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One page for several languages, but different domains?

Hi everybody,

I have a plain good ol' HTML website that currently hosts several localized
versions of pages. That is, depending on the address/domain that users
enter into their browser, the respective page is being shown in the
underlying language, such as www.site.com -english or www.site.fr ->
french.
In the new ASP.Net application, all pages' textual content (text + tags)
comes from a SQL Server database. While I could create one folder for each
language plus the .aspx-pages, I wonder as to whether there isn't an easier
way of dealing with this, like re-direction or assembling a QueryStrng
(i.e. <?lang=it>) that would allow me to only create ONE page and still
keep the addresses intact.

Hence, browsing to www.site.com/page.aspx and www.site.fr/page.aspx would
both lead to the *same* page.aspx (there would only be one for all
languages) and the app would use the domain to determine the right language
to be returned.

Any insights/hints would be much appreciated!

--
Regards,
J.
Nov 20 '08 #1
4 1301
On Nov 20, 10:22*am, Jon F <inva...@invalid.comwrote:
Hi everybody,

I have a plain good ol' HTML website that currently hosts several localized
versions of pages. That is, depending on the address/domain that users
enter into their browser, the respective page is being shown in the
underlying language, such aswww.site.com-english orwww.site.fr->
french.
In the new ASP.Net application, all pages' textual content (text + tags)
comes from a SQL Server database. While I could create one folder for each
language plus the .aspx-pages, I wonder as to whether there isn't an easier
way of dealing with this, like re-direction or assembling a QueryStrng
(i.e. <?lang=it>) that would allow me to only create ONE page and still
keep the addresses intact.

Hence, browsing towww.site.com/page.aspxandwww.site.fr/page.aspxwould
both lead to the *same* page.aspx (there would only be one for all
languages) and the app would use the domain to determine the right language
to be returned.

Any insights/hints would be much appreciated!

--
Regards,
J.
Hi Jon

you can use Request.Url.Host to get the name of domain from the
current request. It returns "www.site.com", or "site.com" where you
would need to check the last segment (1st level domain) "com".

So, you can do something like this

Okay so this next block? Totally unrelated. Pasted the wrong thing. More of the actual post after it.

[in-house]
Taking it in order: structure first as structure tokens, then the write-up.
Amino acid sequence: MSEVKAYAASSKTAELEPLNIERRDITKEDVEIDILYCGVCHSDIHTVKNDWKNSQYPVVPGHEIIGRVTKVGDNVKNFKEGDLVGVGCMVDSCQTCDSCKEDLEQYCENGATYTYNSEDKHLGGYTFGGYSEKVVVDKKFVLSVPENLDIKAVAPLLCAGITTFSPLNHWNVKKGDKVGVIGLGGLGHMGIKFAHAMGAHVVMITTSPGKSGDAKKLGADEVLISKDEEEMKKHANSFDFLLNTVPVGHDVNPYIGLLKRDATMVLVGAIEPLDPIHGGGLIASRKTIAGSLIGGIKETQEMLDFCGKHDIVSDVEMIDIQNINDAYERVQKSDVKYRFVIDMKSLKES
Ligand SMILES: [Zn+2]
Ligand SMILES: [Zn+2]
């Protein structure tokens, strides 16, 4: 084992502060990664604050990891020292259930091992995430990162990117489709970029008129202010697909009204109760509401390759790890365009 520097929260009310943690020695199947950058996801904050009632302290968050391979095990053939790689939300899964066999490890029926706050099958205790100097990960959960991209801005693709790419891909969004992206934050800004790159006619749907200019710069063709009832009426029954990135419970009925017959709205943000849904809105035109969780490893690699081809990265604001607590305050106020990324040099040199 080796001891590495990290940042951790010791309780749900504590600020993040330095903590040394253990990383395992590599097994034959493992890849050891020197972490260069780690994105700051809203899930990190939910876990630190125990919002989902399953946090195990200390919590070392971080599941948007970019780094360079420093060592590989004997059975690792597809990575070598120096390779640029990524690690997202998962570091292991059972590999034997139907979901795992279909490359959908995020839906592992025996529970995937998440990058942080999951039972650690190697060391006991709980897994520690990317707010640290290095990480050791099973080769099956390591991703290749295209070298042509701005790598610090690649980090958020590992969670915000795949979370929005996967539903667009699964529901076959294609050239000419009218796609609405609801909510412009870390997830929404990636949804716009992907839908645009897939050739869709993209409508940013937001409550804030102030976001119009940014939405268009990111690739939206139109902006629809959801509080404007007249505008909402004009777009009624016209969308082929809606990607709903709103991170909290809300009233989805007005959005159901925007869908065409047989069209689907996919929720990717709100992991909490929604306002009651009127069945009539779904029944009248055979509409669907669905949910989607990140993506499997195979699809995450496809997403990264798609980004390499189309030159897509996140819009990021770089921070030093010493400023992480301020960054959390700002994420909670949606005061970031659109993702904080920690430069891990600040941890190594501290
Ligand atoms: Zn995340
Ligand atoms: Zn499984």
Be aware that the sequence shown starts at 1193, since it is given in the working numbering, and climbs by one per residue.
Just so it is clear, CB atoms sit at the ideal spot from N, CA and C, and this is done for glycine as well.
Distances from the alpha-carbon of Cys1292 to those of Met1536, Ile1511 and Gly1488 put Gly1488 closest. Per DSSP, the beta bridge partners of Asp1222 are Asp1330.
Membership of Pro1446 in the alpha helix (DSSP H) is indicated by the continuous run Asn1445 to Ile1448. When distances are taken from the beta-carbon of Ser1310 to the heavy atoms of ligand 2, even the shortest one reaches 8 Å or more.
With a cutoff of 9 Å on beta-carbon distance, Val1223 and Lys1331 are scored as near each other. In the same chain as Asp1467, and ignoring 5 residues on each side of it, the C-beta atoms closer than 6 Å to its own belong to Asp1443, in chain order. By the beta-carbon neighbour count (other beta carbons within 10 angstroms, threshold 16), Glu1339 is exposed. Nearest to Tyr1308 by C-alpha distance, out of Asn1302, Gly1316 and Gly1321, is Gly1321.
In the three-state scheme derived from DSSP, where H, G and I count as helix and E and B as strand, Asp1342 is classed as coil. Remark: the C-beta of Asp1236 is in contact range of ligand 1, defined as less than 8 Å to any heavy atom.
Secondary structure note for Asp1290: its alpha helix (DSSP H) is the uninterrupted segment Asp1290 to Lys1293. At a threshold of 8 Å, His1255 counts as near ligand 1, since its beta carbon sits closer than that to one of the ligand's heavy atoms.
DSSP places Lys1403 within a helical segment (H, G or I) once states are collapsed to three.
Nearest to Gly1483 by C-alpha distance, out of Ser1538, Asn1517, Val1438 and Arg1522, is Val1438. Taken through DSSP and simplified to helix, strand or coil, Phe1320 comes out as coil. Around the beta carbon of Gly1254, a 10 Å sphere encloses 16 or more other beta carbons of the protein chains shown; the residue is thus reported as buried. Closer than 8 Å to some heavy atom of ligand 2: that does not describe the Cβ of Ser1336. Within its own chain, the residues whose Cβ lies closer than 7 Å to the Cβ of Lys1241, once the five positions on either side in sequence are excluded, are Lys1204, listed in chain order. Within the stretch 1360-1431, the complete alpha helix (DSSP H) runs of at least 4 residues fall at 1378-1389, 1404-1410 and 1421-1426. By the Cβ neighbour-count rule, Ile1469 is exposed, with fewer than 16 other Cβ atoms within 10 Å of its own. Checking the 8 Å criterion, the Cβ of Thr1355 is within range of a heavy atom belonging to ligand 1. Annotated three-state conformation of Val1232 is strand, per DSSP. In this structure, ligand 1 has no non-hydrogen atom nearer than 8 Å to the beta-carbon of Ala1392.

string[] name = Request.Url.Host.ToLower().Split(".");
string test = name[name.length()-1];
string lang;

if (test == "com")
lang == "en";

if (test == "fr")
lang == "fr";

string sql = "select * from table where language code='"+lang + "'";
Nov 20 '08 #2
On Thu, 20 Nov 2008 01:47:20 -0800 (PST), Alexey Smirnov wrote:
Greetings Alexey,

Alexey Smirnov wrote:
you can use Request.Url.Host to get the name of domain from the
current request. It returns "www.site.com", or "site.com" where you
would need to check the last segment (1st level domain) "com".

So, you can do something like this
(...)
drat! I fumbled around with something almost identical in the beginning!
Back then thought this couldn't work due to the paths/mappings: the old
HTTP-app simply maps the domains to different directories on the server
where, for each language, the respective htm-files are located.
However, I didn't even think of the possibility to simply use the
webspace's provider mapping so that all domains' requests are simply being
sent to the single solution directory. That should actually work!

The only drawback with this solution is that I need some additional stuff
while being on localhost, but with a little additional work that should be
feasible.

Thanks for the pointer, Alexey!

--
Regards,
J.
Nov 20 '08 #3
Hi again,
The only drawback with this solution is that I need some additional stuff
while being on localhost, but with a little additional work that should be
feasible.
done. I have added UrlMappings that will handle .../[code]/... paths and
translate these into a QueryString so that i.e. "www.Website.com/it/"
becomes "www.Website.com/default.aspx?lang=it". The QueryString is then
transformed into a language code. Hence, using localhost, I can sort of
simulate the domain name and "navigate" to any given language.

--
Regards,
J.
Nov 20 '08 #4
On Nov 20, 4:59*pm, Jon F <inva...@invalid.comwrote:
Hi again,
The only drawback with this solution is that I need some additional stuff
while being on localhost, but with a little additional work that shouldbe
feasible.

done. I have added UrlMappings that will handle .../[code]/... paths and
translate these into a QueryString so that i.e. "www.Website.com/it/"
becomes "www.Website.com/default.aspx?lang=it". The QueryString is then
transformed into a language code. Hence, using localhost, I can sort of
simulate the domain name and "navigate" to any given language.

--
Regards,
J.
Sounds great.

There are a couple of other solutions available that can help you as
well. One of them is HTTP module for URL rewriting, another one could
be done if you have access to IIS - you can make different virtual
directories, e.g. /de /en /fr pointed to the same (root) directory of
your website and use Request.Url to get a "language code" from it.
Nov 20 '08 #5

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